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Big Data is a buzzword in the IT industry – This has been reiterated over and over again and we are still talking about Big Data since this is phenomena that has changed our lives.
Big Data has been on the rise ever since organizations have realized the importance of data insights to become successful. This rise in big data has compelled companies and organizations, both big and small to desperately start looking out for IT professionals to help them maintain and monitor their databases. Well, this is not restricted to just the IT industry. The ripple effect of the waves created by Big Data has gone beyond the web or software companies to industries like retail, health care, financial institutes, transportation and so on.
Wikibon, a technology and research based open-source community in its “Big Data Vendor Revenue and Market Forecast 2012-2017” has reported that professional services is the largest revenue-producing segment of the Big Data market and by 2017, Big Data professional services are expected to generate $15.4 billion or about one-third of the $47.8 billion in total Big Data revenue.
When talking about Big Data, the immediate term that pops up in our mind is Hadoop and NoSQL. They are without an iota of doubt, the most popular and reliable technologies. Major corporations are adopting Hadoop and NoSQl and are now looking for professionals with the right skills in these technologies. Web moguls like Facebook, Google, Amazon.com, IBM and many others have already employed Hadoop to run their distributed computations.
Let’s talk numbers!
With the skyrocketing demand for skilled Hadoop and NoSQL professionals, companies are ready to pay competitive salaries to hire candidates with the right skills. Alice Hill, managing director of Dice, tells Data Informed, that the postings for Hadoop jobs has gone up by 64%, compared to last year. And that Hadoop is the leader in the Big Data category for job postings. According to Dice, Hadoop pros made an average of $115,000 in 2012, which is slightly above the $113,000 average for all Big Data jobs. While NoSQL pros made around $113,000 as well.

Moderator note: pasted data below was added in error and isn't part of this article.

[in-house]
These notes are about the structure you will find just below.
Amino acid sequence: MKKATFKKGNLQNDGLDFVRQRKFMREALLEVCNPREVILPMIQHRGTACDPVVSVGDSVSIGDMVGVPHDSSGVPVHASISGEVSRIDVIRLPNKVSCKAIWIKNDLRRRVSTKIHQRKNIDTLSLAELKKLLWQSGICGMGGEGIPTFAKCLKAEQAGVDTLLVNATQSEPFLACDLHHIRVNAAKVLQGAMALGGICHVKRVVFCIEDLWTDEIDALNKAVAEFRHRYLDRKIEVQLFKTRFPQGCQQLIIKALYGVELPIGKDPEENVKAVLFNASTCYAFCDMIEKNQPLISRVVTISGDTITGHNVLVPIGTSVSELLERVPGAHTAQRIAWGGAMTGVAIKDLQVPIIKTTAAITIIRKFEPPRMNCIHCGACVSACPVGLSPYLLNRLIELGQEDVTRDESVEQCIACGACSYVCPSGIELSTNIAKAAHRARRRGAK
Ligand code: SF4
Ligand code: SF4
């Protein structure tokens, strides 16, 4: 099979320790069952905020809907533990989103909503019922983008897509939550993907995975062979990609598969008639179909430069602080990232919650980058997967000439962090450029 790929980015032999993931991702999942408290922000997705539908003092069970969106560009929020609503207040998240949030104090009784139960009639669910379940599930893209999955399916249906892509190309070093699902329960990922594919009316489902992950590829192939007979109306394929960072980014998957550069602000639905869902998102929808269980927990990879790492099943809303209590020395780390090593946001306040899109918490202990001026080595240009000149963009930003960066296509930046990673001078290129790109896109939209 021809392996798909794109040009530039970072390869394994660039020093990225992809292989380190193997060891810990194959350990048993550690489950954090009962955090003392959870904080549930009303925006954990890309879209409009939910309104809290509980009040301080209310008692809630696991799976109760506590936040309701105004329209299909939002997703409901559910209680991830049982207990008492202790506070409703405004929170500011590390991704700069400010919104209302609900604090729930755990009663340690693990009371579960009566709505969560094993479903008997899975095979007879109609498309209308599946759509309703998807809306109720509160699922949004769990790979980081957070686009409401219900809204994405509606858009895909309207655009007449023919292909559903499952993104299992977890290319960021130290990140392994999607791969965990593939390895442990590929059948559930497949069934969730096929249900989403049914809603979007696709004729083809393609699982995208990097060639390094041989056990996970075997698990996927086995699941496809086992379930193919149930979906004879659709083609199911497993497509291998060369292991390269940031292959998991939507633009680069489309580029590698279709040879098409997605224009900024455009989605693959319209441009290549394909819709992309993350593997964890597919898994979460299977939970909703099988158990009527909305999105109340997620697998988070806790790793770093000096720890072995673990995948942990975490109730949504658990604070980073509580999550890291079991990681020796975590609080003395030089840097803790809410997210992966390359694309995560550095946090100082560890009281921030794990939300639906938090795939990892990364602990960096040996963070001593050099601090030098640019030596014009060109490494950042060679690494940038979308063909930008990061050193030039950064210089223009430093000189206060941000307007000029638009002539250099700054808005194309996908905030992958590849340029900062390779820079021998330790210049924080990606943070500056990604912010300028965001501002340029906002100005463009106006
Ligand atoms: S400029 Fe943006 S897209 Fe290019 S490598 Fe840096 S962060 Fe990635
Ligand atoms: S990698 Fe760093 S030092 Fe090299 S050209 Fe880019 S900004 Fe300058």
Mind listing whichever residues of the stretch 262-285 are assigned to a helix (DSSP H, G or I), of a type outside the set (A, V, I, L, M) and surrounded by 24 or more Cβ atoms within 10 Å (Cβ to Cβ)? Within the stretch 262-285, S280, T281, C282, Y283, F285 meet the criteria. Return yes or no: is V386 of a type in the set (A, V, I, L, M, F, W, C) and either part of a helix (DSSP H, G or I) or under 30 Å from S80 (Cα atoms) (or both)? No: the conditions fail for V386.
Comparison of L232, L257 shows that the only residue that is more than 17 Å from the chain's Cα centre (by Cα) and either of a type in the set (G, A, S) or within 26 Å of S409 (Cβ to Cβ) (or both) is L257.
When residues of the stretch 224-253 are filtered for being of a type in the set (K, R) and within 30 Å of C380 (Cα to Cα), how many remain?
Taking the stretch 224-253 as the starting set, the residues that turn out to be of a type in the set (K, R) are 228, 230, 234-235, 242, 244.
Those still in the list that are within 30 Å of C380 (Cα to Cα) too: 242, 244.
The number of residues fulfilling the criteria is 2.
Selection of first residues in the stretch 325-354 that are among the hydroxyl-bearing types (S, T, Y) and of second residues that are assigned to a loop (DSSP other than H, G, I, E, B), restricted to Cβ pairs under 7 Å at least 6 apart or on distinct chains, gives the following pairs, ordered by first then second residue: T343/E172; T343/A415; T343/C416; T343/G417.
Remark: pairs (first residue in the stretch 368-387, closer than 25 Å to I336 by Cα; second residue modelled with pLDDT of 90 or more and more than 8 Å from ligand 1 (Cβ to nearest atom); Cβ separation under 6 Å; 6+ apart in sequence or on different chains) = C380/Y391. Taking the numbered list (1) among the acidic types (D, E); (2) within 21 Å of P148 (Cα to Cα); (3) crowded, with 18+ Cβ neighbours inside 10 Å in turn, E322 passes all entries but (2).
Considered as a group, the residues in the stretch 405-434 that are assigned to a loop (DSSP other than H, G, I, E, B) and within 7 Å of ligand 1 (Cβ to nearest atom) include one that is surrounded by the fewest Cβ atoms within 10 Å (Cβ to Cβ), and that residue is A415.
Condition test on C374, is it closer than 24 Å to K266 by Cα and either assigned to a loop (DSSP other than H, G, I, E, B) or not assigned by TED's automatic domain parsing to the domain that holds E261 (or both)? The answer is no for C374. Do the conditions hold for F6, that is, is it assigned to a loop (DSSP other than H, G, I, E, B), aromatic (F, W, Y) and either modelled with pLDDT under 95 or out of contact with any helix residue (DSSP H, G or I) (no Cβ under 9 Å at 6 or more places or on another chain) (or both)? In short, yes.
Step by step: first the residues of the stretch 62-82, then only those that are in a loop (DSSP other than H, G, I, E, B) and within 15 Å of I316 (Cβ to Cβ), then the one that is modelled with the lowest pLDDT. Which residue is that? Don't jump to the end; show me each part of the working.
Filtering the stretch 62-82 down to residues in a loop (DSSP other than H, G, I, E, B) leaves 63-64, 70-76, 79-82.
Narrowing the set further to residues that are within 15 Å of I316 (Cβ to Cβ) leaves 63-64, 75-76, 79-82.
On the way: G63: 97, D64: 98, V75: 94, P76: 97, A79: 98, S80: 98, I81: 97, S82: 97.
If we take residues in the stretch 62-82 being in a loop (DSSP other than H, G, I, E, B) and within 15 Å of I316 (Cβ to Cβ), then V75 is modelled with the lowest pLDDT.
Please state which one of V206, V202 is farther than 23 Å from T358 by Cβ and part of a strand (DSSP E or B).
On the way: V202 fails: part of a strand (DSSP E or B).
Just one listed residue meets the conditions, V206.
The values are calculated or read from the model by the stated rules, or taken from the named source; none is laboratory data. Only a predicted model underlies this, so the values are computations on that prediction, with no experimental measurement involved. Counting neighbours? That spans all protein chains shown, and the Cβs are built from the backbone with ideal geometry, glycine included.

Now, this is a number one can’t ignore!
These figures are a clear proof that Hadoop and NoSQL jobs are in high demand. And, the best aspect of a data management career is that these jobs are recession-proof and unlikely to decline with the never ending data flow that organizations need to mine.
Let’s look at some of the popular job profiles that require Hadoop and NoSQL skills
DBAs are in great demand now with their average salary at $81,000 per annum (as reported by Indeed). Companies are hiring DBAs with experience in handling variety of database platforms. DBAs with expertise in MongoDB, Cassandra, and Oracle etc. are preferred and experienced DBAs earn up to $100,000 on an average.
This profile requires professionals to have experience in data modeling, warehousing, data analyzing and data migration. A Data Architect draws an average salary of $107,000 per annum.
A Data scientist is loaded with a variety of data driven skills. He is an expert in data capture, data analysis, presenting the analyzed data visually and using it to make predictions/forecasts. Data scientists are currently in high demand, with an average salary of $104,000 and the demand will continue to increase.
‘System Engineer’ is a broad profile that branches to several other positions such as software development, data warehousing and some DBA work. System engineers are also paid a handsome remuneration of $89,000.
Software development is high for people looking out for a career in Hadoop and NoSQL. People with these skills can do a multiple things from freelance work to setting up their own startup. Software developers make an average salary of $107,000 and application developers make $93,000, as they have both database and programming skills.
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